Gillian, at a glance, is calm. She is freshening her make-up, mentally running through her second-act lines. For the third straight night, the house is full; she can hear it on the monitor. Conversations blend in an enthusiastic purr. Act One went superbly; she is pleased, as are her colleagues. When things go well, this cast responds like one cohesive troupe; nerve ends fuse; each beat, each breath is shared, yet no one speaks of it—for mentioning when "the ghost walks" breaks its spell.

Gradually the noises differentiate themselves; couples, intimate groups express opinions:

"It's paced so well."
"You think so? I was bored the first half hour."
"Bored!?"
"Well, not exactly bored. I guess, 'impatient.'"
"That's just it; they have us way off balance, we're so into the production."
"You're reviewing?"
"Did already; no, I've come this time for me."

"She's marvelous, don't you think?"
"Which one?"
"The one who's playing Monica; the short one. I remember her in two, three other things. Competent, but nothing special."
"Oh, she made the papers. She's the one who stirred up all that fuss?"
"I didn't hear."
"She missed a line, or something; couldn't say it."
"How embarrassing!"

"Think we ought to leave, George."
"Why? It's good; the best all season."
"That's beside the point."
"Which is?"
"The language; it's so foul."
"Bullshit."
"See? It's rubbing off. Besides, abortion is immoral."
"The girl was raped, for crying out loud."
"It's still a mortal sin. And decent people don't."
"Don't what?"
"Kill babies."
"That's ridiculous."

"Do you think she will? I mean, let's face it, everyone's expecting it. The reviews alone were not that great, and wouldn't have filled these seats."
"You're awful."
"Me? You're curious, aren't you?"
"Not to see some break-down. It's cruel to hope an actress flubs her lines."
"Who said we're 'hoping'? We're anticipating; that's not cruel."
"Same difference."
"Poor little thing."

"I read they almost fired her."
"What; for that?"
"It's happened twice. They say the second time she didn't even realize."

"That restroom queue is five miles long; I'll hold it."

"Lights just blinked."

The hand applying make-up is...

"Five minutes."

...sure and steady. Silent bits of dialogue still enliven glossy lips, as Gillian lengthens vivid lines that circumscribe her features, accentuating eyes (already large), highlighting lids (in contrast to their underscoring shadows). Above all else, an actress keeps control, resounds her subtext. Confident, she sets her jaw...

"Places."

...takes a breath...

"Cue twenty-six."

...and nods in mute resolve.

"Lights 14, 16, 18. Ready? To one-quarter... Go."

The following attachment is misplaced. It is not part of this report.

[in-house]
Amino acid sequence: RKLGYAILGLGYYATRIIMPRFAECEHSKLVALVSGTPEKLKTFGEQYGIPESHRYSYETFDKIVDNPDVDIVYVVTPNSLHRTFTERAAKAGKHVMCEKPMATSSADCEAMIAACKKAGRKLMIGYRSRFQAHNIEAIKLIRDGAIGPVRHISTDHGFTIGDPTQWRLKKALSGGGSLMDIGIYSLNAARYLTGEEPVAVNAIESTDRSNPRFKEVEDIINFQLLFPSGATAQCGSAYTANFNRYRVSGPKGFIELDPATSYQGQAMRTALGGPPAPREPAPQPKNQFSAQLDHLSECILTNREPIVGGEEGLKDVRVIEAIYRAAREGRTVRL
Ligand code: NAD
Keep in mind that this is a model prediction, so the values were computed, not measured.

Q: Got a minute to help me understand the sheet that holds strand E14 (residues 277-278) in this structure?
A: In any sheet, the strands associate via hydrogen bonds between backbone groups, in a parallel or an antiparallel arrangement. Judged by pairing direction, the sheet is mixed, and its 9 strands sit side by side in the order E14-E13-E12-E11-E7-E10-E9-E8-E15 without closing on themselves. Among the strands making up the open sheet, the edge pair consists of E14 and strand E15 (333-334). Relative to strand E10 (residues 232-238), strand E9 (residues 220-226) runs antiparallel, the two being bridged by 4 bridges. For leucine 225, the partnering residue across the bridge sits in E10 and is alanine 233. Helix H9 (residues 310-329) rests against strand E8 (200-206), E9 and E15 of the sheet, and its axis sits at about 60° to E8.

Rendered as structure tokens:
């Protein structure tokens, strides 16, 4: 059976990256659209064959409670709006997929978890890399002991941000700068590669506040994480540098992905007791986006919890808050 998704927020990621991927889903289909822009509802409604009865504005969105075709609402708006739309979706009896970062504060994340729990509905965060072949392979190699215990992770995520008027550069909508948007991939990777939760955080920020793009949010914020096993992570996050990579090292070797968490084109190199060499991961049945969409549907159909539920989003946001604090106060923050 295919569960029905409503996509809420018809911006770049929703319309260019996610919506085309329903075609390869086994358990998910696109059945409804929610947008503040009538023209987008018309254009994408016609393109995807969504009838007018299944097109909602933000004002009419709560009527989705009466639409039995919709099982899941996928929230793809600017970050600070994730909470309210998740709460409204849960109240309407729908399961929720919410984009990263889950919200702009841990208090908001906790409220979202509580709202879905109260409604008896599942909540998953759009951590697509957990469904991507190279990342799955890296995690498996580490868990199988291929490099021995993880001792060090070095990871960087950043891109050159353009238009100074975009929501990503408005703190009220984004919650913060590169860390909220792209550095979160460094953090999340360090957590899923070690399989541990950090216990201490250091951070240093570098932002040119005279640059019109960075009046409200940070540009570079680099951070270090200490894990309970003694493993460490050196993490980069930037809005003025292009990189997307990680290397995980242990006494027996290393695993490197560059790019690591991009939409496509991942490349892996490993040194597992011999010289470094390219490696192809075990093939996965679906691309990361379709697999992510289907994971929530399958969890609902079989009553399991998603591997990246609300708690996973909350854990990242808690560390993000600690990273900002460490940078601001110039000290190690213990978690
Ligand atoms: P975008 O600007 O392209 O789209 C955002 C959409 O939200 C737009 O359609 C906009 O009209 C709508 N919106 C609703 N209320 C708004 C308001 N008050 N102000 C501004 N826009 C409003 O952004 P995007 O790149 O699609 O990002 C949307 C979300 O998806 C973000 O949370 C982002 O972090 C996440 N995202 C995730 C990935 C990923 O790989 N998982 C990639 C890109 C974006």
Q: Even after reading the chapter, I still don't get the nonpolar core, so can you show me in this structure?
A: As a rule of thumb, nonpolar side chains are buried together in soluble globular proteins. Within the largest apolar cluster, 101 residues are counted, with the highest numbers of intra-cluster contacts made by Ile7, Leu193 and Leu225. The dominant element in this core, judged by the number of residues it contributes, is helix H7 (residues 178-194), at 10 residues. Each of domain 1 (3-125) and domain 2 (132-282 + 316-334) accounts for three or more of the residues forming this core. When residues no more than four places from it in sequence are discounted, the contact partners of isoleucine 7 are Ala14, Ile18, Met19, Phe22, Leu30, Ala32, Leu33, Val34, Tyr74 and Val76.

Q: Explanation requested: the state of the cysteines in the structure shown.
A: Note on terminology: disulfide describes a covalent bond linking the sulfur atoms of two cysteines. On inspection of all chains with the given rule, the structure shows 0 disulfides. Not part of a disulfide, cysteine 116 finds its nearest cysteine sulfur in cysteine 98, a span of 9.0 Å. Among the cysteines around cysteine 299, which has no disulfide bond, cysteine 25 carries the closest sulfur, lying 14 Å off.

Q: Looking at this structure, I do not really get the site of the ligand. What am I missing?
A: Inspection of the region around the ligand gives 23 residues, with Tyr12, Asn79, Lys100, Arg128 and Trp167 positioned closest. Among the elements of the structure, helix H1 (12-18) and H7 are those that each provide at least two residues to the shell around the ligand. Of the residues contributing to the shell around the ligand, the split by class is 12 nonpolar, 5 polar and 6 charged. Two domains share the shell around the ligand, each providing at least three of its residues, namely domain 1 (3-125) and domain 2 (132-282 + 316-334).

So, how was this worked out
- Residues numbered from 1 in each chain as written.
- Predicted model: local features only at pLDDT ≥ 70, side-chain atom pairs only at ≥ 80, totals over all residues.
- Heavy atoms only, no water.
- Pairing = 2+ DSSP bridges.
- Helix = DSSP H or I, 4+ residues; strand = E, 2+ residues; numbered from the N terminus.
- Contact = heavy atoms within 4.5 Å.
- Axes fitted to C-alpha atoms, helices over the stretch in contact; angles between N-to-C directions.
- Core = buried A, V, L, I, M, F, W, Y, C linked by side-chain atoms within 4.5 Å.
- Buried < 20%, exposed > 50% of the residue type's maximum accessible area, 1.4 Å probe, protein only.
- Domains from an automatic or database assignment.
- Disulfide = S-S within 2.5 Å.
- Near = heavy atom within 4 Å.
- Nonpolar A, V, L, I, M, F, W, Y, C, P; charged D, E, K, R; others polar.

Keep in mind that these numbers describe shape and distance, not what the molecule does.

The set is back-lit dimly. Three characters are standing on their marks. None moves. They are dressed entirely in grays, blacks, and dull whites, a color scheme continued throughout the stylistic setting—a simplified interior, stark, severe. All chairs are straight-backed and of the same hard-edge design. The floor is carpeted with throw rugs of varying size and pattern, though similar in that each is a-chromatic. There is a wall clock with fist-sized weights of pewter. Audible, its mechanics punctuate the stillness. A synthesizer (offstage left) drones one somber chord; its throbs are contrapuntal to the ticking.

"Cue twenty-seven. Special 4. Ready... Go."

Jacob Altar moves, albeit subtly. On the coffee table's top he spots a fly. Missing one wing, it crawls in a jagged circle (as seen from overhead, projected upon a screen). Jacob, with a casual air, hoists a heavy volume... suspends it over the insect...

"Cue twenty-eight. Lights 14, 16, 18—up full. Ready?"

... then drops it.

"Go."

    LAURA

          "Jacob!"

    JACOB

          "Yes, dear?"

    LAURA

          "What did you do?"

    JACOB

          "I believe I dropped a dictionary."

    LAURA

          "I know, but why?"

    JACOB

          "Euthanasia."

    LAURA

          "What?"

    JACOB

          "A mercy killing. See?
He pries up a corner.
          "Care to inspect the remains; perform an autopsy, perhaps? My motives, I assure you, were humane."

    LAURA

          "Don't be vile."
She lights a cigarette from an open pack on the table and blows her first full drag into Jacob's face.
          "What's keeping Monica? She knows we have to be there by... (She checks the clock)... by ten minutes ago. Richard? Will you go see?"

Richard, roused from a static trance, heads in the wrong direction.

    LAURA

          "She went that-a-way."

He halts, u-turns, and exits.

    LAURA

          "I think that he is taking this harder than she."

    JACOB

          "Of course; he's Catholic. Once a Catholic, always a Catholic. Has something to do with the water. Baptized, they're like salmon; they always return.

    LAURA

          "Why so hypercritical? They're our best friends, after all. Can't you put yourself in their position?"

    JACOB

          "Thanks; no thanks."

    LAURA

          "Show a little compassion, then."

    JACOB

          "I'm driving them to the clinic, aren't I? I've recommended Simmons, who will do the job up right. I've even offered to pay, to allay their guilty consciences."

    LAURA